Fixing small cracks, cleaning, and removing gas/oil drippings goes a long way to preventing expensive and time-consuming repairs. A simple filling and sealing of a small crack means you don’t have to do a deep pavement repair. Smaller repairs can take days and hours, while larger repairs will take days and/or months. Fixing the surface is far easier than the foundation. Cleaning junk off a blacktop’s surface is easier than pulling it out of drains.

Build more space than you need

When you first build your lot, make sure to build more parking space than you think you will need. You build more space so that you can alternate which spaces are used according to repairs and maintenance.  If you have twice as much parking space as your business can accommodate, you can shut down half of your lot for repairs and still do 100% business. Having more space to work with also makes it easier to do routine work like cleaning and inspection.

Routine is important

Sticking with a maintenance routine is key. On top of reacting to damage as it appears, regular maintenance will help prevent non-visible damage. Things like sealcoating and cleaning help increase the pavement’s lifespan and prevents deeper damage later on.

 

Ready to Start Working on your Parking Lot?

Get in touch with Reliable Paving. Reliable paving is the Texas paving contractor that provides high-quality, professional service at affordable prices. Our services include asphalt paving, maintenance, repairs, striping, sealcoating, and much more. Whether you want your customers to have a good impression of your business from the moment they park, or you just want to repair your parking lot, Reliable Paving is the option for you.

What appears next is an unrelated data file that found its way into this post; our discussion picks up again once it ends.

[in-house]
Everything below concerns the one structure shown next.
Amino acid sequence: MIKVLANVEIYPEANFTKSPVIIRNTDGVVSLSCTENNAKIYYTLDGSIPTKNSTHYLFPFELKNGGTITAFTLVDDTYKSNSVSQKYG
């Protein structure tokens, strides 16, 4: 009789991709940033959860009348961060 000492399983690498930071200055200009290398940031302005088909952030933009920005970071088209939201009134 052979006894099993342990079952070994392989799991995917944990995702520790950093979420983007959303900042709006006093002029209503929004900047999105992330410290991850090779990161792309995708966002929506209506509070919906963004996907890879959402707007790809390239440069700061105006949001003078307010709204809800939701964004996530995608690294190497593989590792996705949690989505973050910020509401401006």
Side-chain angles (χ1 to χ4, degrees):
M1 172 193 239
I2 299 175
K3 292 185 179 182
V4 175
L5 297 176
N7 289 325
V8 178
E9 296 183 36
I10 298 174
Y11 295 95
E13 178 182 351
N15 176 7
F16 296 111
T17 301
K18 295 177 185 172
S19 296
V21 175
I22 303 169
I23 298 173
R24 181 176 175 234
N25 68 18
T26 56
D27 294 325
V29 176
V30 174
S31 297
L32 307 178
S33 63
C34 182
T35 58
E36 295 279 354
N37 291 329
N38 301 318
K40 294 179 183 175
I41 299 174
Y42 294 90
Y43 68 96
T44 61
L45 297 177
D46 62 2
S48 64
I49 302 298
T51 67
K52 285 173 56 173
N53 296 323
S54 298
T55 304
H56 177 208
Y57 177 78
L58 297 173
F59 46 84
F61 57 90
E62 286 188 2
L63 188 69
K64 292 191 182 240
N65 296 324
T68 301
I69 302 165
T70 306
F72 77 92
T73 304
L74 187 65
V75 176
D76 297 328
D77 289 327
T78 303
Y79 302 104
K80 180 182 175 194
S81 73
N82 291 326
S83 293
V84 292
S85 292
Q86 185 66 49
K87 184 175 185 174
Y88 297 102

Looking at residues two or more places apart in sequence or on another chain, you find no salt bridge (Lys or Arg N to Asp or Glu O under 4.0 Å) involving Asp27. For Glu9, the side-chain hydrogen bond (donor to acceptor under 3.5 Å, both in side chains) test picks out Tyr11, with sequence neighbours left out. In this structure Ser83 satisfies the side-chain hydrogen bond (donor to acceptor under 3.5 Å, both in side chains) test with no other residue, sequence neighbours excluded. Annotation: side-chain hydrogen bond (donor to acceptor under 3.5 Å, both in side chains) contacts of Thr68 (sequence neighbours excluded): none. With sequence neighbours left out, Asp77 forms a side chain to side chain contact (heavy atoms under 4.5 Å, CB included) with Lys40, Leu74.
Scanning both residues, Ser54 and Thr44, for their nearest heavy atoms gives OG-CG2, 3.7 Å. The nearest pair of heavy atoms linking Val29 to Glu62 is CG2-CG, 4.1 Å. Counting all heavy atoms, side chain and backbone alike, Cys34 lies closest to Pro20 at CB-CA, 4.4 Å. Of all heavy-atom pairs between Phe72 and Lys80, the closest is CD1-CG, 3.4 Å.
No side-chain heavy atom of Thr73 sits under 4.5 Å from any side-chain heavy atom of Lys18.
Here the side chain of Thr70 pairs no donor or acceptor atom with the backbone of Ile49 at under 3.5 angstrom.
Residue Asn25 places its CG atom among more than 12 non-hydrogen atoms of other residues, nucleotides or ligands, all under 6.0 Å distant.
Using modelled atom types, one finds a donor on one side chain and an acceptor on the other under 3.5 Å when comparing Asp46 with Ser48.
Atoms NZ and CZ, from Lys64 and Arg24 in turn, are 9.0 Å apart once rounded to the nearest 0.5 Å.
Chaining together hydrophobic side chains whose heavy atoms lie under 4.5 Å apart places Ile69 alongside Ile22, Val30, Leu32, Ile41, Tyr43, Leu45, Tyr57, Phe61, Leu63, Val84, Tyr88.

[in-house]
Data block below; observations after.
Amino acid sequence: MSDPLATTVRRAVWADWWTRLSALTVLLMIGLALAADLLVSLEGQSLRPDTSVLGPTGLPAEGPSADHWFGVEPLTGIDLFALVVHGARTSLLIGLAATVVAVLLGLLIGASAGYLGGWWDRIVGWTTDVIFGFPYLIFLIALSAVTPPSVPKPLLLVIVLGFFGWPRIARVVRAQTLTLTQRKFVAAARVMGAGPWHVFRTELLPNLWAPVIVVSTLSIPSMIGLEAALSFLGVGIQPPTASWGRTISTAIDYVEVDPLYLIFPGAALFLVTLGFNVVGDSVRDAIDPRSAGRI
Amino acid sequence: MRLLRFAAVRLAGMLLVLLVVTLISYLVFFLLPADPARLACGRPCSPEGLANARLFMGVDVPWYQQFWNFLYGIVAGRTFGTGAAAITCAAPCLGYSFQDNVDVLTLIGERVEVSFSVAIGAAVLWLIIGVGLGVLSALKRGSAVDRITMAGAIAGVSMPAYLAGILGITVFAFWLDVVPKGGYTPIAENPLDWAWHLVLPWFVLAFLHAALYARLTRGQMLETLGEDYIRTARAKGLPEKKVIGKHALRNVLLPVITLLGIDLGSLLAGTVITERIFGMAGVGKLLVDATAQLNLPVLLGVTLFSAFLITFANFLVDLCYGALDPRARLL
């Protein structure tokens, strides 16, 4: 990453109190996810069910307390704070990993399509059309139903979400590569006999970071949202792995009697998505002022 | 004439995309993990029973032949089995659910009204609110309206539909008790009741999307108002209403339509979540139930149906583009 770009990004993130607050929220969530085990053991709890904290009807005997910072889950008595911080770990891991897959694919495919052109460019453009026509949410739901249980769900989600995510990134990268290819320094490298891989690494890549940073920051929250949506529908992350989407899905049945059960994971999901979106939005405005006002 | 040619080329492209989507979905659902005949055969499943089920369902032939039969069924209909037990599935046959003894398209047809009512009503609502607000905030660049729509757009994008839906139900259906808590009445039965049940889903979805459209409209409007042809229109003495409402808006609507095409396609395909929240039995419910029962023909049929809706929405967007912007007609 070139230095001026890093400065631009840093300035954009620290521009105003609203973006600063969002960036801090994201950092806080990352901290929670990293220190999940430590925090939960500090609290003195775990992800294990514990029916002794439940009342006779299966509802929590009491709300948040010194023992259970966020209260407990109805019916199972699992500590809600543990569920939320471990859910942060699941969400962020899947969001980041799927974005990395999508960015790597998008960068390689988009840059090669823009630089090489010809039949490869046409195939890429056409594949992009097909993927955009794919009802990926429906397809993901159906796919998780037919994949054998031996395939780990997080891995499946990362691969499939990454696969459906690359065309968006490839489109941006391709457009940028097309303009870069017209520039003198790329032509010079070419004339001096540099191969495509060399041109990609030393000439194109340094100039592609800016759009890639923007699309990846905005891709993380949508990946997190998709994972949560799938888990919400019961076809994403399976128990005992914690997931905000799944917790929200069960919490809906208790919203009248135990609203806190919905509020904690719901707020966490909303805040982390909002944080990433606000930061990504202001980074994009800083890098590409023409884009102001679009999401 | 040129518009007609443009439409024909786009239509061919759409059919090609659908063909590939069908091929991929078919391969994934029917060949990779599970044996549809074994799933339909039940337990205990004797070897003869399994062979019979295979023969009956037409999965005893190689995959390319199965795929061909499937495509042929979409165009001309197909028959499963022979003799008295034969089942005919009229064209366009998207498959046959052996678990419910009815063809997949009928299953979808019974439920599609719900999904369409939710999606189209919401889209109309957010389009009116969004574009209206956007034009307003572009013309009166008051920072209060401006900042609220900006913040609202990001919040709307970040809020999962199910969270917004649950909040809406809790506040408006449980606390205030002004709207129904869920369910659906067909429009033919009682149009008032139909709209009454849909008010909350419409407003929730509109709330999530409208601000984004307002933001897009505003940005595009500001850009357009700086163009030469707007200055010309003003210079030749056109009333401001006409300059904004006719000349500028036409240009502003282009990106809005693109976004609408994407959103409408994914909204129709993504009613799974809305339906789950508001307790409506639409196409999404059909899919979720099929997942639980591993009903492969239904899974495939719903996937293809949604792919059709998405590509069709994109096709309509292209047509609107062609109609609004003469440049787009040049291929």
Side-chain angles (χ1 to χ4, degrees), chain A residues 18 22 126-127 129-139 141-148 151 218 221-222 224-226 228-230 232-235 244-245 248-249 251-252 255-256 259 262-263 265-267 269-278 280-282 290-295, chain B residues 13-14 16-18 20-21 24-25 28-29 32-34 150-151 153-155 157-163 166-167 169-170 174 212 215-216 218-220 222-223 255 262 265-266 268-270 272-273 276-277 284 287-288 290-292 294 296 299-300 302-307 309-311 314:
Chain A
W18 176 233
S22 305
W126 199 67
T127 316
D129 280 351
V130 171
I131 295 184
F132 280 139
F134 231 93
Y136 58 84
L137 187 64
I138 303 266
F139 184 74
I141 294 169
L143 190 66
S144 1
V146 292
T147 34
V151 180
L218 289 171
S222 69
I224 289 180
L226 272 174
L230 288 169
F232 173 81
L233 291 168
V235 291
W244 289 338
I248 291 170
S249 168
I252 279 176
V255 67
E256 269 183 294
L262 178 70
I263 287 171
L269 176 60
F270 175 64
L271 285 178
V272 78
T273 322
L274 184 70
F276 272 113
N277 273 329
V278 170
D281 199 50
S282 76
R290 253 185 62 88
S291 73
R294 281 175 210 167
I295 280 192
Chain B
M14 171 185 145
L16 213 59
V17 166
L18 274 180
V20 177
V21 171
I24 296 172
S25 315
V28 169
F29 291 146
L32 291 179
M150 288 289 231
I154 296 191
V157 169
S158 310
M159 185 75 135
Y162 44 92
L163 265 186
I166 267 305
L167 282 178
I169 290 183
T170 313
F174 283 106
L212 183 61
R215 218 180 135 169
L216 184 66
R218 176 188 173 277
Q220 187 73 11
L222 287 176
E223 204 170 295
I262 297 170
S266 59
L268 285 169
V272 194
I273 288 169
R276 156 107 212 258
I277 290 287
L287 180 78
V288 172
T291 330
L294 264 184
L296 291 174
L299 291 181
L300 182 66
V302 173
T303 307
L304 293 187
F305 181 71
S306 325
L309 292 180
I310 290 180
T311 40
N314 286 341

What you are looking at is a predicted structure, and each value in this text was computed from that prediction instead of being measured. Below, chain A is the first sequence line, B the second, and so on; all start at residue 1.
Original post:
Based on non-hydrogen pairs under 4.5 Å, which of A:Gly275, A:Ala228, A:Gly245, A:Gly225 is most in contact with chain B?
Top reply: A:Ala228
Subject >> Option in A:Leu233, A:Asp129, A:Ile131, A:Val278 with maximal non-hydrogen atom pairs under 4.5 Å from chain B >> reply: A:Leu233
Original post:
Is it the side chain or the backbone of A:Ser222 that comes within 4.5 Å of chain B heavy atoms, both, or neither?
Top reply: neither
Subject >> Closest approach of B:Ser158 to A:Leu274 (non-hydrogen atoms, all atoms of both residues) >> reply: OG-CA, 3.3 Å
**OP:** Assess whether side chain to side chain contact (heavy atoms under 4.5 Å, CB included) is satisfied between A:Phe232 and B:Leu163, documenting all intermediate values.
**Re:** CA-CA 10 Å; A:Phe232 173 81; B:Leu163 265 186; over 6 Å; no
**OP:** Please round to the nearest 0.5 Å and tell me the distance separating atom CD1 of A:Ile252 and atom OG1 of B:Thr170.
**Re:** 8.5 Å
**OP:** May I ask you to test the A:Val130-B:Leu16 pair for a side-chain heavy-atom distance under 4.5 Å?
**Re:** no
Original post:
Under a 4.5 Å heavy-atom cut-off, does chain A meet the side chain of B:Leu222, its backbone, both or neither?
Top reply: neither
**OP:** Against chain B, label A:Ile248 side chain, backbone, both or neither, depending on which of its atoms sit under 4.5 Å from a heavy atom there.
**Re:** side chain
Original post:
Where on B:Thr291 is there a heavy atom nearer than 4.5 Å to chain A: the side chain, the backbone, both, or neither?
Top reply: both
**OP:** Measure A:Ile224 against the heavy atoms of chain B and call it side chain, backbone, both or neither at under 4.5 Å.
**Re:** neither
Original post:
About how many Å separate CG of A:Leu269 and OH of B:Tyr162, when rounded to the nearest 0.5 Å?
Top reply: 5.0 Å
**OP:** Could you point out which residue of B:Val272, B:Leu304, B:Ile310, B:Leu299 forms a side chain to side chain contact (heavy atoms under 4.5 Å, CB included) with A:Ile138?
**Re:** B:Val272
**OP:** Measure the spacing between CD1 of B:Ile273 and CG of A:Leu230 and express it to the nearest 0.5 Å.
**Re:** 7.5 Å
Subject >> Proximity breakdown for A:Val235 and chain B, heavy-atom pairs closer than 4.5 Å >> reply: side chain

How to Hire the Best Paving Contractor

Businesses face plenty of challenges. One of the biggest challenges is always deciding on who to use as a contractor when paving work has to be done. There are plenty of ways to pick out a good choice, from seeking a colleague’s recommendation to jumping on Google for a quick search.

The question will often boil down to this: do you want the cheapest serviceable work, or do you want to pay for quality? Is there a better way to ensure getting the best bang for your buck?

Choosing the right asphalt paving company for your business

Paving is a pretty specific, specialized industry. You should look for the right traits in a company to make your choice of paving contractor.

There are a few special things to look at when you make your decision, including:

  • Reviews
  • Licenses
  • Equipment
  • Workers
  • And previous work and company history

Reviews

Thanks to the internet, reviews are one of the easiest things to find. Yelp, Google, Yellow Pages, Amazon, the Better Business Bureau…the list goes on. A search on your choice of directory or search engine should get you what you want.

What to look for in reviews?

Remember, look for the average review, not the outliers. There will always be someone out there with an ax to grind. Maybe some client had a bad day and decided to take it out on the company they hired. Maybe the customer is always difficult, and uses online reviews as an outlet. Don’t get too bothered by the worst reviews.

Look at the vast majority of reviews, and look at the best reviews, too. What did the people who got the best service have to say? If an overwhelming majority of the reviews are positive (for example, 80%, a 4-star average or higher), then the company probably has good customer service and does good work.